Micropartitioned membranes are suitable substrates for further lithographic patterning. A light-directed chemical transformation (photobleaching of the fluorescent probe) can be used to selectively alter the composition of the membrane in individual corrals. Corrals were photobleached sequentially with varying exposure times to generate an array of patches with differing concentrations of the fluorescent probe molecule (Fig. 2C). Because of the fluidity of the membrane, such an array can also be created with a single exposure if the area of a bleach spot is varied within individual corrals. Lateral diffusion will make the composition within each corral homogeneous in a matter of minutes. We have found that creating variable composition arrays by either of these techniques works equally well. However, the single-exposure method has the advantage of being compatible with the use of a photomask to pattern large numbers of corrals simultaneously.

Another way of creating patterns in the supported bilayer that takes advantage of both fluidity and confinement is electrophoretic redistribution of charged membrane components. When an electric field is applied parallel to the membrane, the charged molecules drift in the plane of this 2D fluid (22, 23). The PC molecules that constitute the bulk of the membrane are neutral, and thus it is expected that they will be unaffected by the field. Steady-state, electric field-induced concentration profiles (24) of the negatively charged fluorescent probe can be clearly seen to build up against the barriers in confined regions of the membrane (Fig 3, A and B). Patterns of photoresist barriers are also fluorescent and appear as an intermediate shade of red in these photographs. Images of the same region with the electric field in opposite polarities are shown, demonstrating the reversibility of these profiles. At a field strength of 15 V/cm, it took ∼25 min for a steady-state concentration gradient to form in the 200-μm-wide corrals; a complete reversal in the direction of the profile took the same amount of time. The profiles could be switched numerous times without any apparent effect on the membrane or the barriers. When the field was turned off, it took ∼30 min for gradients in the 200-μm-wide corrals to relax back to uniformity by diffusive mixing.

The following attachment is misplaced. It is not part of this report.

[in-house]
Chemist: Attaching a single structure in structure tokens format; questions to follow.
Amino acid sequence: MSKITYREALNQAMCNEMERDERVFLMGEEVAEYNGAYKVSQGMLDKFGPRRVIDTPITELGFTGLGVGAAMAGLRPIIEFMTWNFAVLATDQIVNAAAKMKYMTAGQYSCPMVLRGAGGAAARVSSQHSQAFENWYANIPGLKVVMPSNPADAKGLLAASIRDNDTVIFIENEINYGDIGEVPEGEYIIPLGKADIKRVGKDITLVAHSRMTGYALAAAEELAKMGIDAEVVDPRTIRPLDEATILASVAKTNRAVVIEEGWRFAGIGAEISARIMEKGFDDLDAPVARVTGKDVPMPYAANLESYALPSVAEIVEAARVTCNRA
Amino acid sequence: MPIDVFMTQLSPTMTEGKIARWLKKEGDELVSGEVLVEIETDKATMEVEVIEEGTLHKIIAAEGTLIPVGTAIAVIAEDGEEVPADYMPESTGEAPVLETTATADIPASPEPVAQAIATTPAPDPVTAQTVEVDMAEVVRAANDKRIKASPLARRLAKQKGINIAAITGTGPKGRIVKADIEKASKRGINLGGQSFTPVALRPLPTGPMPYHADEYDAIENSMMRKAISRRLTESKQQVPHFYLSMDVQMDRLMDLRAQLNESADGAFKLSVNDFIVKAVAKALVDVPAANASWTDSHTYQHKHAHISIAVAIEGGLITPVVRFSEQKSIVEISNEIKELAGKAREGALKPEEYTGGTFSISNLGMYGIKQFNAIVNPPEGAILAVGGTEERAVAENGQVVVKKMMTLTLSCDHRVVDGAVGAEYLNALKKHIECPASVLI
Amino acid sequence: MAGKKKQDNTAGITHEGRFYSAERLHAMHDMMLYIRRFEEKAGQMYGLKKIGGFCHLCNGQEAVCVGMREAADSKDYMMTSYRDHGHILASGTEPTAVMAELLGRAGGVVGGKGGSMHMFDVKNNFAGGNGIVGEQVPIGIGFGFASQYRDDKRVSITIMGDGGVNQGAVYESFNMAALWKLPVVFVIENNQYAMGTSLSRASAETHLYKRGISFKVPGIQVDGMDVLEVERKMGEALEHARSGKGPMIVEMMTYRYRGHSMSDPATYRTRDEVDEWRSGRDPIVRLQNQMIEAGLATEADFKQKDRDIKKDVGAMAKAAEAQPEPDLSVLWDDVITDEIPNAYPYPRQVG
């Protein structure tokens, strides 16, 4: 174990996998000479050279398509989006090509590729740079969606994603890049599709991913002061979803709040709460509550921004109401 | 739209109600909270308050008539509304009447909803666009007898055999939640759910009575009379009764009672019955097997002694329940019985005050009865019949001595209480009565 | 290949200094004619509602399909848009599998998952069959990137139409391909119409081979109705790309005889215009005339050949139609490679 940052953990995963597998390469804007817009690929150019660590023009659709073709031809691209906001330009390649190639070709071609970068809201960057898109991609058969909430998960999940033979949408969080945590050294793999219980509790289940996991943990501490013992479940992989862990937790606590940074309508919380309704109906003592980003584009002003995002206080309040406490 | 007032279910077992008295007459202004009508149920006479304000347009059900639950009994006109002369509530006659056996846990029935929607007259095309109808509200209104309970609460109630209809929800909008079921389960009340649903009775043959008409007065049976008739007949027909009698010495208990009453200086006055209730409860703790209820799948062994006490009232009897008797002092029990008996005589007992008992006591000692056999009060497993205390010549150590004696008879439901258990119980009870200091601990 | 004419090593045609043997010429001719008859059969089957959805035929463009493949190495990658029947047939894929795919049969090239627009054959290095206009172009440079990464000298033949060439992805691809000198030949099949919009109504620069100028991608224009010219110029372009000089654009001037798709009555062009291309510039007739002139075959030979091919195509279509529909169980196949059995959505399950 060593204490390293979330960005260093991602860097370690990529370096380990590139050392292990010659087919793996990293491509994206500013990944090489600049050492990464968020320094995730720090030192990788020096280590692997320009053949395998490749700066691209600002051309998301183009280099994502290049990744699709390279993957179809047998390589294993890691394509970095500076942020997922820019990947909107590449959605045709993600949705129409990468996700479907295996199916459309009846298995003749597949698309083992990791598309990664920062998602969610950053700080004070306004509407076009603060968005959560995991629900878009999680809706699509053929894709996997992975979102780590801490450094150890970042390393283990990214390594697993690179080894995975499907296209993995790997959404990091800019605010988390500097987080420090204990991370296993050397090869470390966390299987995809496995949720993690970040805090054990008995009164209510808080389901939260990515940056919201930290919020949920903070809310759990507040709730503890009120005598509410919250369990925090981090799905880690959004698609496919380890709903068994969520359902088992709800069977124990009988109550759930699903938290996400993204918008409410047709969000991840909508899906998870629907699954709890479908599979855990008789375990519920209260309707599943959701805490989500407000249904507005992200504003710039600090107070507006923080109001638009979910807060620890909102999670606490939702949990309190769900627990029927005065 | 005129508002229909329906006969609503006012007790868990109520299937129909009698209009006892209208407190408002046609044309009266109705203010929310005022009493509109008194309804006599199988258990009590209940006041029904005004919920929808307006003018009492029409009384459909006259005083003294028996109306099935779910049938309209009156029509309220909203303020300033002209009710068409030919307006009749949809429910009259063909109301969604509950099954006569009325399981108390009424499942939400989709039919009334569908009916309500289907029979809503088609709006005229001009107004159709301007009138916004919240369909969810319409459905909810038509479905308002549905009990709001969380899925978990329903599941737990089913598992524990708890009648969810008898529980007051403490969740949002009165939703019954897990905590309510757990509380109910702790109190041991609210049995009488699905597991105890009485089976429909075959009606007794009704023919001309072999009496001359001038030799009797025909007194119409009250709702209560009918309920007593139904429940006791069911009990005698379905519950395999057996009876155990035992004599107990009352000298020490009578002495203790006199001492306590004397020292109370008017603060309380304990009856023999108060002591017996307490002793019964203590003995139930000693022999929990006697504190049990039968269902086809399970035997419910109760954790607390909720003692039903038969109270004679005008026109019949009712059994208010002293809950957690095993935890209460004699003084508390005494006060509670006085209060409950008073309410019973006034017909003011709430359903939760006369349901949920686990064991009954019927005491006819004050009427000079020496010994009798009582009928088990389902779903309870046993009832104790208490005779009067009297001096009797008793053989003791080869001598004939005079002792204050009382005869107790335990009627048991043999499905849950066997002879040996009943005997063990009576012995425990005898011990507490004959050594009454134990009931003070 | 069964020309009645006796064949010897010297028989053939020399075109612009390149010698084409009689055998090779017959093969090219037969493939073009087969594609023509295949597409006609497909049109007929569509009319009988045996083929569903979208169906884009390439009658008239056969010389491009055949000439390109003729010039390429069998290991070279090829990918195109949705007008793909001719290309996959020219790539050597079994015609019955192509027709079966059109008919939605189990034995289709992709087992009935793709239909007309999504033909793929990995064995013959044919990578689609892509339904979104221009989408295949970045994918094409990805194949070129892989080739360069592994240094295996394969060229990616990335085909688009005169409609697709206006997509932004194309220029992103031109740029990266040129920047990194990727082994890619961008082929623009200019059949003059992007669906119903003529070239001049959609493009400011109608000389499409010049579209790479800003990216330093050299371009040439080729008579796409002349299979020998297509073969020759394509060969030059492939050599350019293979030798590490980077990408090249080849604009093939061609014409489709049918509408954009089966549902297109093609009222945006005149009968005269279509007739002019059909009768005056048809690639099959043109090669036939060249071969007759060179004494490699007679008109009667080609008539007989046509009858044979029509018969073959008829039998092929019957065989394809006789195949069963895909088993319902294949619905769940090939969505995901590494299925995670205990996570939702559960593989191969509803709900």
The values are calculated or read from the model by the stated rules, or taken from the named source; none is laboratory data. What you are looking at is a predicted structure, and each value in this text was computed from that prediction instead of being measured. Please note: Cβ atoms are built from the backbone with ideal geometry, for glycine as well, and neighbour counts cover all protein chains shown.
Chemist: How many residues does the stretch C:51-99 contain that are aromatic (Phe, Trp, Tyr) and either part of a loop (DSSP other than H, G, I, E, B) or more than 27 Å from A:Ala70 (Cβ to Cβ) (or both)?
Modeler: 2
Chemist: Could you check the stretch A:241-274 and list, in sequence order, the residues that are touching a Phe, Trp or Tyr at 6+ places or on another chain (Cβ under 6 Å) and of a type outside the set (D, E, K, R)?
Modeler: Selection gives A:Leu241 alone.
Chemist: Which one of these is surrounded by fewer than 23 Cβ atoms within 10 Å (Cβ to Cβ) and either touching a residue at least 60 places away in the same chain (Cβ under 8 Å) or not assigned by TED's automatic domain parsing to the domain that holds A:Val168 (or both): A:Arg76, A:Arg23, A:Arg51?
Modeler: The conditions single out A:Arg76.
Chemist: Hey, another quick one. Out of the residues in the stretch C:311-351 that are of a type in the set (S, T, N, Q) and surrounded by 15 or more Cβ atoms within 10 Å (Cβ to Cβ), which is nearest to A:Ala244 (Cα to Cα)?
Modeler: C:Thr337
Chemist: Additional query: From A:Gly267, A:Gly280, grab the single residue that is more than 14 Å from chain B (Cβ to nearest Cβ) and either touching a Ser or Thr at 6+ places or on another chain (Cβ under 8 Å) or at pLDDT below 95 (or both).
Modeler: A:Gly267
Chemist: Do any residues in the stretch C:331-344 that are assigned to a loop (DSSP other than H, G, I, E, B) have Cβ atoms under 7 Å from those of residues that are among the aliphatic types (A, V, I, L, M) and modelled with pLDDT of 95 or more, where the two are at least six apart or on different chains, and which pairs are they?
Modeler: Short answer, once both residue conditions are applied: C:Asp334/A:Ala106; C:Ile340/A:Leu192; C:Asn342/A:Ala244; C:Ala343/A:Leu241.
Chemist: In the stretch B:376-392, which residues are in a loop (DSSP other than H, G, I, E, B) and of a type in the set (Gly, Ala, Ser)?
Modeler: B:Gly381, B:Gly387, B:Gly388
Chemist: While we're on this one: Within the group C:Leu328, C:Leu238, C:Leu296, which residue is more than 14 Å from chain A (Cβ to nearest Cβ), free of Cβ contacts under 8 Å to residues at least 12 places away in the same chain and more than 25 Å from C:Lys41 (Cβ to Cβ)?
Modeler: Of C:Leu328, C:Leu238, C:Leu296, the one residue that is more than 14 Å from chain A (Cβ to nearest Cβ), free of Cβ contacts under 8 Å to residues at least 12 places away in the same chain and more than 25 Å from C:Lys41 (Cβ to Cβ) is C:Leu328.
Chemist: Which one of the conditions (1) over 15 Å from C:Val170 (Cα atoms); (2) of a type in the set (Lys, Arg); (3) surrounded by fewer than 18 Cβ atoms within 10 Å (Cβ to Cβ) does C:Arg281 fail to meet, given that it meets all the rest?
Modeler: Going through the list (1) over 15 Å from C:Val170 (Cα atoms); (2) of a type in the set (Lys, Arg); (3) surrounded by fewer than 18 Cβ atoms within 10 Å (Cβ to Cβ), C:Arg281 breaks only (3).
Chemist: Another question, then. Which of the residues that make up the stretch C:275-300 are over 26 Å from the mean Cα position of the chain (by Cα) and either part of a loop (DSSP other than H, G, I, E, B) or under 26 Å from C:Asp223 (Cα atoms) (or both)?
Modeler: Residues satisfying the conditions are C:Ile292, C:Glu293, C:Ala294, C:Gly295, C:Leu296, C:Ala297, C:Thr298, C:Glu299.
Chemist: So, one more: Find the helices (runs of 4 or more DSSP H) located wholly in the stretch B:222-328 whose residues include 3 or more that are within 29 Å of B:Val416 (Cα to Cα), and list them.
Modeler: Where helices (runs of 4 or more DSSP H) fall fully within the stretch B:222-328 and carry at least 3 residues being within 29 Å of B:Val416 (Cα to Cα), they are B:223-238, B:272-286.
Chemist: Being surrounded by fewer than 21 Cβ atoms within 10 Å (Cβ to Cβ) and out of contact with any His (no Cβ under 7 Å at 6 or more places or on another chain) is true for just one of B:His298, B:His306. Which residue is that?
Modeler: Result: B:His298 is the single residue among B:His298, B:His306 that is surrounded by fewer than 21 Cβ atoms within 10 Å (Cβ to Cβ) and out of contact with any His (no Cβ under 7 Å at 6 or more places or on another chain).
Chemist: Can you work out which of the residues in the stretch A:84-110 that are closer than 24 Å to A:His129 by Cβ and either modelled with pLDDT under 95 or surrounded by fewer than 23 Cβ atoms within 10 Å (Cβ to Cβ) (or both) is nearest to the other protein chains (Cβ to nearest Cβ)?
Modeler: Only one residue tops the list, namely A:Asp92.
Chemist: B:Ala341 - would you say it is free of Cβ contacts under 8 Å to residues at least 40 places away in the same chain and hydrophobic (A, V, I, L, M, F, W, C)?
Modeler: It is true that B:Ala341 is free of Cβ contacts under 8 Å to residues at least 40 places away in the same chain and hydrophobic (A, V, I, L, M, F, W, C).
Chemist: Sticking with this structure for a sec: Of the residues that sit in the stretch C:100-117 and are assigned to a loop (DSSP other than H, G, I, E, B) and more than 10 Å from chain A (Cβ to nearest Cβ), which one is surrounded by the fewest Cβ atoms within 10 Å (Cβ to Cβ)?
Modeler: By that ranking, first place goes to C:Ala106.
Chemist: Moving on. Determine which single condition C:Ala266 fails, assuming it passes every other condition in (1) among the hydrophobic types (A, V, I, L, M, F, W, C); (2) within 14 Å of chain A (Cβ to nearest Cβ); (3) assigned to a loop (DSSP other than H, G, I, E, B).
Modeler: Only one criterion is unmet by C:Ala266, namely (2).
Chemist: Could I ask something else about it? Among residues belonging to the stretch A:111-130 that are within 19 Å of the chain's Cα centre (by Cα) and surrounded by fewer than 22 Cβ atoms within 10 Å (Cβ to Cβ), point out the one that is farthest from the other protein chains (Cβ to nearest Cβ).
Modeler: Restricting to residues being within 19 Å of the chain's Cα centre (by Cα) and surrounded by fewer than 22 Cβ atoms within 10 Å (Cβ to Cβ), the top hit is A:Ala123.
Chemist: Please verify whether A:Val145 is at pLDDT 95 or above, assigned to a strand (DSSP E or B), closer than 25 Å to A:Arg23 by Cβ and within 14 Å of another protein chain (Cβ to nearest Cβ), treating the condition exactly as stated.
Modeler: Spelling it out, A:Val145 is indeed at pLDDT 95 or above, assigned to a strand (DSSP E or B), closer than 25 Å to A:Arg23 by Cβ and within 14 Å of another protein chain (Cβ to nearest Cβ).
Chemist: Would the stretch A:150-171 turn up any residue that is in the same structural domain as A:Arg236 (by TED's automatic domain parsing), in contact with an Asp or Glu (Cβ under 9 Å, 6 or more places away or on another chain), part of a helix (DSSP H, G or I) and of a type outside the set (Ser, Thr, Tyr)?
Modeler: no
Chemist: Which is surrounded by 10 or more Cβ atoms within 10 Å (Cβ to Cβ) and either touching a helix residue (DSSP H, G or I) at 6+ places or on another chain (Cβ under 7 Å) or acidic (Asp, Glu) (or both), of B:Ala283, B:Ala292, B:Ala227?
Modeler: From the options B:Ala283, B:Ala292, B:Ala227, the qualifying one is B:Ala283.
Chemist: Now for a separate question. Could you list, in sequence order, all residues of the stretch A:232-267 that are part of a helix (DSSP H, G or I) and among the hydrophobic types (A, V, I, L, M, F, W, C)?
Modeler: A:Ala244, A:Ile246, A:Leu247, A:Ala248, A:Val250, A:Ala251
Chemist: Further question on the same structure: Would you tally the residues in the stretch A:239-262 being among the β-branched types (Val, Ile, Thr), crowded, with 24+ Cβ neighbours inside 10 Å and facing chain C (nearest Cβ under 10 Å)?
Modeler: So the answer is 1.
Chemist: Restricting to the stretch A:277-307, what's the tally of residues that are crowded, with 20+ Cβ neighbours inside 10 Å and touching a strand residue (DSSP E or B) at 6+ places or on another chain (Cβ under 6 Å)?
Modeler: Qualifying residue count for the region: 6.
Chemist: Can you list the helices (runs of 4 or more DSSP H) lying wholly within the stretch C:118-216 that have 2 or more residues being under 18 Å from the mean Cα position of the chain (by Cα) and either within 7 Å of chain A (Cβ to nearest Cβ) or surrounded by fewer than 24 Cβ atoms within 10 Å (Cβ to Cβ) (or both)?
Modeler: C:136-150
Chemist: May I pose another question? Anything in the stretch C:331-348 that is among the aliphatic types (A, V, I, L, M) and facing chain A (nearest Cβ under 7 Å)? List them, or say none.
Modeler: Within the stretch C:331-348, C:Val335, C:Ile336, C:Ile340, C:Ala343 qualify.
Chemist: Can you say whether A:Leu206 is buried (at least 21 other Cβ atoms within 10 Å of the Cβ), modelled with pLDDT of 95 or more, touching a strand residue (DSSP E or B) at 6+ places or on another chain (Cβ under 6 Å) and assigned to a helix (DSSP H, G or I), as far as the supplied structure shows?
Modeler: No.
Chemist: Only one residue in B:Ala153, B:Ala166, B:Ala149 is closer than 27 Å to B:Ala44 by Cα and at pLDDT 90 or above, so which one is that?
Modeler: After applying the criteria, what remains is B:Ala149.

Fig. 3.

Epifluorescence photographs of electric field (E)-induced concentration gradients of the negatively charged fluorescent probe lipid (Texas Red DHPE) in membranes confined by microfabricated corrals. Each of the upper two corrals is 200 μm wide. Reversal of the field causes the direction of the profile to reverse. These are steady-state gradients at a field strength of 15 V/cm. The time required to switch from one direction (A) to the other (B) is ∼25 min.

The electrophoretic response can also be used to acquire physical information about the membrane in individual corrals. The profile of the steady-state gradient in dilute systems can be quantitatively described by competition between lateral diffusion and field-induced drift (24, 25). Image analysis thus provides an intrinsically parallel means of monitoring these molecular properties in numerous corrals. More complex profiles have been observed in highly concentrated domains of membrane-tethered proteins; such systems may be useful in the study of intermolecular interactions (15).

The techniques described here provide new opportunities for the study of physical and biological properties of membranes. In particular, secondary lithographic modification of the membrane could be generalized by combination with light-directed synthesis (4). Spatially addressable molecular libraries (peptide sequences, for example) could be synthesized and displayed on the surface of confined patches of fluid membrane. In some ways, this approach is analogous to phage display, except that here the peptide sequence is defined by its location in the array, thus providing immediate identification. Such libraries would be especially useful for cell screening because of the native-like surface provided by the supported membrane. For example, purified major histocompatibility complex protein incorporated into a supported membrane can effectively replace the antigen-presenting cell in the presentation of a preprocessed antigen to a helper T cell (5, 6). Other studies have underscored the similarities between supported membranes and cell surfaces by demonstrating a substantial effect from the lateral mobility of adhesion proteins in the supported bilayer on the specific binding of cells (26, 27). Additional possibilities include the construction of electrically or photochemically addressable barriers and further development of photolithographic techniques to directly change the physical, chemical, or biological properties of the fluid membrane patches.